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J Lasers Med Sci. 2016 Spring;7(2):112-9. doi: 10.15171/jlms.2016.19. Epub 2016 Mar 27.

Effect of Laser Therapy on Chronic Osteoarthritis of the Knee in Older Subjects.

Author information

1
Department of Physical Therapy, College of Applied Medical Sciences, University of Dammam, Dammam, Saudi Arabia.
2
Chairman of Physical Therapy Department; Vice Dean for Academic Affairs of College of Applied Medical Sciences, University of Dammam, Dammam, Saudi Arabia.

Abstract

INTRODUCTION:

Osteoarthritis (OA) is a common degenerative joint disease particularly in older subjects. It is usually associated with pain, restricted range of motion, muscle weakness, difficulties in daily living activities and impaired quality of life. To determine the effects of adding two different intensities of low-level laser therapy (LLLT) to exercise training program on pain severity, joint stiffness, physical function, isometric muscle strength, range of motion of the knee, and quality of life in older subjects with knee OA.

METHODS:

Patients were randomly assigned into three groups. They received 16 sessions, 2 sessions/week for 8 weeks. Group-I: 18 patients were treated with a laser dose of 6 J/cm(2) with a total dose of 48 J. Group-II: 18 patients were treated with a laser dose of 3 J/cm(2) with a total dose of 27 J. Group-III: 15 patients were treated with laser without emission as a placebo. All patients received same exercise training program including stretching and strengthening exercises. Patients were evaluated before and after intervention by visual analogue scale (VAS), the Western Ontario and McMaster Universities Osteoarthritis (WOMAC) index for quality of life, handheld dynamometer and universal goniometer.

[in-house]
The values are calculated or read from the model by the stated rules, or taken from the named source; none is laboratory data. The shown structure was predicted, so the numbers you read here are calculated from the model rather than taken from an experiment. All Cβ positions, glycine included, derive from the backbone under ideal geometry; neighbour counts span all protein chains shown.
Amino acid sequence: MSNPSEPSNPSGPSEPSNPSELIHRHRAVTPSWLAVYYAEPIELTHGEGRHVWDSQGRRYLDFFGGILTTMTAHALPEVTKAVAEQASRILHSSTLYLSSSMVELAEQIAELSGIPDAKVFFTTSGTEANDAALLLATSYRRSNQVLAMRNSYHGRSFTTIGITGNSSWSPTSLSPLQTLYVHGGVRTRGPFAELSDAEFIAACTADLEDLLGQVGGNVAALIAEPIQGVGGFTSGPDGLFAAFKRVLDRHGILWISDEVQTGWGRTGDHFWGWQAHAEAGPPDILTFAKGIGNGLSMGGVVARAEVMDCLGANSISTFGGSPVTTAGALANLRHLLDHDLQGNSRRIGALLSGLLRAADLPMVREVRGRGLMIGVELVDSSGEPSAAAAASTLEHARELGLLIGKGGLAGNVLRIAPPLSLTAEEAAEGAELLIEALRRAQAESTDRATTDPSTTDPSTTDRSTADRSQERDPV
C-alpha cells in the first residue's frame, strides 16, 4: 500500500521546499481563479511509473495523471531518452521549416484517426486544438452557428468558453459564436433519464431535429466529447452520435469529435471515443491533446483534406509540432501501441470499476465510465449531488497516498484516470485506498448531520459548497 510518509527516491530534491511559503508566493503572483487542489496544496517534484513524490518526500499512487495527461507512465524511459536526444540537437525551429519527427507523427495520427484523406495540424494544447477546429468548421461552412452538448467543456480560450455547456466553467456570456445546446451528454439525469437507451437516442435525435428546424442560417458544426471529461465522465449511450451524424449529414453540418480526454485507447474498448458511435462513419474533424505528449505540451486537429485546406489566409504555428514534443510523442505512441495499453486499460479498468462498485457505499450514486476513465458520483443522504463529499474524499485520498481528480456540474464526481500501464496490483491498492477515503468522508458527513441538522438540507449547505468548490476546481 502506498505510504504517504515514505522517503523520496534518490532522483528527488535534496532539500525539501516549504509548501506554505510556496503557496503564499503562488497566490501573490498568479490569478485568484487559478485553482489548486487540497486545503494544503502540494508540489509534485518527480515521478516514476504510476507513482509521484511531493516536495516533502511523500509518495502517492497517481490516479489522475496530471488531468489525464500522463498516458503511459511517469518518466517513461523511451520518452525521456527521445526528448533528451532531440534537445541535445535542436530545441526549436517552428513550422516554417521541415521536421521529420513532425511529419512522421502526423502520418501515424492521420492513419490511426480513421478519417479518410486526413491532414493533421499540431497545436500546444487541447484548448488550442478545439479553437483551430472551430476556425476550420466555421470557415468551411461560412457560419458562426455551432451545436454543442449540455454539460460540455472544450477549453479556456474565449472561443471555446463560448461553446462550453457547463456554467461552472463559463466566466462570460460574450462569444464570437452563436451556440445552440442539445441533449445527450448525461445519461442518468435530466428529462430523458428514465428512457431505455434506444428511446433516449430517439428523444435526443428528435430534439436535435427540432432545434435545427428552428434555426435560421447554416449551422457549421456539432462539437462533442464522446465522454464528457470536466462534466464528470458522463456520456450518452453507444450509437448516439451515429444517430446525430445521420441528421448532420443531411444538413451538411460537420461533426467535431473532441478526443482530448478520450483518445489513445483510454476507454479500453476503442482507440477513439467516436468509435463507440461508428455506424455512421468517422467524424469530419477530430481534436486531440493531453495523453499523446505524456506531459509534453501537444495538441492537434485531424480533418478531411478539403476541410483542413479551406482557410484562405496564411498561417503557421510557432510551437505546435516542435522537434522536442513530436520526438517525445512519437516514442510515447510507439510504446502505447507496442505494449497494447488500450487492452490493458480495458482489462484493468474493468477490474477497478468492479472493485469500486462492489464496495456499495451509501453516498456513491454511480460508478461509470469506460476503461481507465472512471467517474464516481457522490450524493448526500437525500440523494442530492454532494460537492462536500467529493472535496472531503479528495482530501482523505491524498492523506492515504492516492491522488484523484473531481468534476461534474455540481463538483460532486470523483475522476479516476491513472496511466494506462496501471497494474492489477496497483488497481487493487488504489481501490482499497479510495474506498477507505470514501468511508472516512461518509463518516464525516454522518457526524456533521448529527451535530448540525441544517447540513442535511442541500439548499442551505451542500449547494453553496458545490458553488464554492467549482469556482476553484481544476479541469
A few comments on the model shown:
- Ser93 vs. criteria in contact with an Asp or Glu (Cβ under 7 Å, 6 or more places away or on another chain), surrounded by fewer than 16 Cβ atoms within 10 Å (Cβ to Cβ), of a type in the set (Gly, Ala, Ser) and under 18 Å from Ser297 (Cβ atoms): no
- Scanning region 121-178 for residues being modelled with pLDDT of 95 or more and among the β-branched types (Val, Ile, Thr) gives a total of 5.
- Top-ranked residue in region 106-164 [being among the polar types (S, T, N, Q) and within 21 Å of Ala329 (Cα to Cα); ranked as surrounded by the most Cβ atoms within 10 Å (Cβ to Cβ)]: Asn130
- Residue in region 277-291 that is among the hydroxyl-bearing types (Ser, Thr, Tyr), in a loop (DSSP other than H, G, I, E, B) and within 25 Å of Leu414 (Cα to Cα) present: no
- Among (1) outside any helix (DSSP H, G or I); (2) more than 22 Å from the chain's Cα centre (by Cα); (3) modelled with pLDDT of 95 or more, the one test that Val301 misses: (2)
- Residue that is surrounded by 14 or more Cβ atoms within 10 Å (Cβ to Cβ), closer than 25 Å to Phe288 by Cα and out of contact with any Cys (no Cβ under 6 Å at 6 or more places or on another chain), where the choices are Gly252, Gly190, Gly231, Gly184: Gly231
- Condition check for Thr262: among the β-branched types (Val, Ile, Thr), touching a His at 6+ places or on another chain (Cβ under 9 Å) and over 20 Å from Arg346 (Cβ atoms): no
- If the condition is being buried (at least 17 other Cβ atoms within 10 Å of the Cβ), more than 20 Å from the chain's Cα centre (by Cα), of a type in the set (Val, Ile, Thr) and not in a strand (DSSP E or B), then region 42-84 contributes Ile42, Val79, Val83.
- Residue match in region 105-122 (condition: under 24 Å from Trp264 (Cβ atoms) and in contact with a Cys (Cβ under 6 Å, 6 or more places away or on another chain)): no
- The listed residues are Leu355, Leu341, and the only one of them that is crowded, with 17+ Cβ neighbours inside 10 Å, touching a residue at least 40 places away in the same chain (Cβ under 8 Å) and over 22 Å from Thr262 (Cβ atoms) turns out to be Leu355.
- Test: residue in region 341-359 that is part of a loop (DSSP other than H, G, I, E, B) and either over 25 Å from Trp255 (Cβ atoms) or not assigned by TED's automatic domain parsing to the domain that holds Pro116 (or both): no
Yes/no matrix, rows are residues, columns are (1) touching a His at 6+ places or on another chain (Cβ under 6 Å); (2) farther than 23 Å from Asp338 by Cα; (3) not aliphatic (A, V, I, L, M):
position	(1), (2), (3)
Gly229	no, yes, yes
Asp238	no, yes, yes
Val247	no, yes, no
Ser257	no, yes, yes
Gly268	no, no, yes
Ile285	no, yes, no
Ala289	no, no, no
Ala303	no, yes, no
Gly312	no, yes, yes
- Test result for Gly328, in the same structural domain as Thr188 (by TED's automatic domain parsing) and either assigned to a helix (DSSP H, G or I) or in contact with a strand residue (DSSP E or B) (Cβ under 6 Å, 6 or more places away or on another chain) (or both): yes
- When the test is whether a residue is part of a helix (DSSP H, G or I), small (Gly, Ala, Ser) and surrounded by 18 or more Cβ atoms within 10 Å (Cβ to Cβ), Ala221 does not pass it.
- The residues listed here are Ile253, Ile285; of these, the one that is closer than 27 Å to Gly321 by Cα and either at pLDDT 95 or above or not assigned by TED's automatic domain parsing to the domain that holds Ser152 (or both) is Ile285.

RESULTS:

T test revealed that there was a significant reduction in VAS and pain intensity, an increase in isometric muscle strength and range of motion of the knee as well as increase in physical functional ability in three treatment groups. Also analysis of variance (ANOVA) proved significant differences among them and the post hoc tests (LSD) test showed the best improvements for patients of the first group.

CONCLUSION:

It can be concluded that addition of LLLT to exercise training program is more effective than exercise training alone in the treatment of older patients with chronic knee OA and the rate of improvement may be dose dependent, as with 6 J/cm(2) or 3 J/cm(2).

KEYWORDS:

Laser therapy; Life Quality; Osteoarthritis

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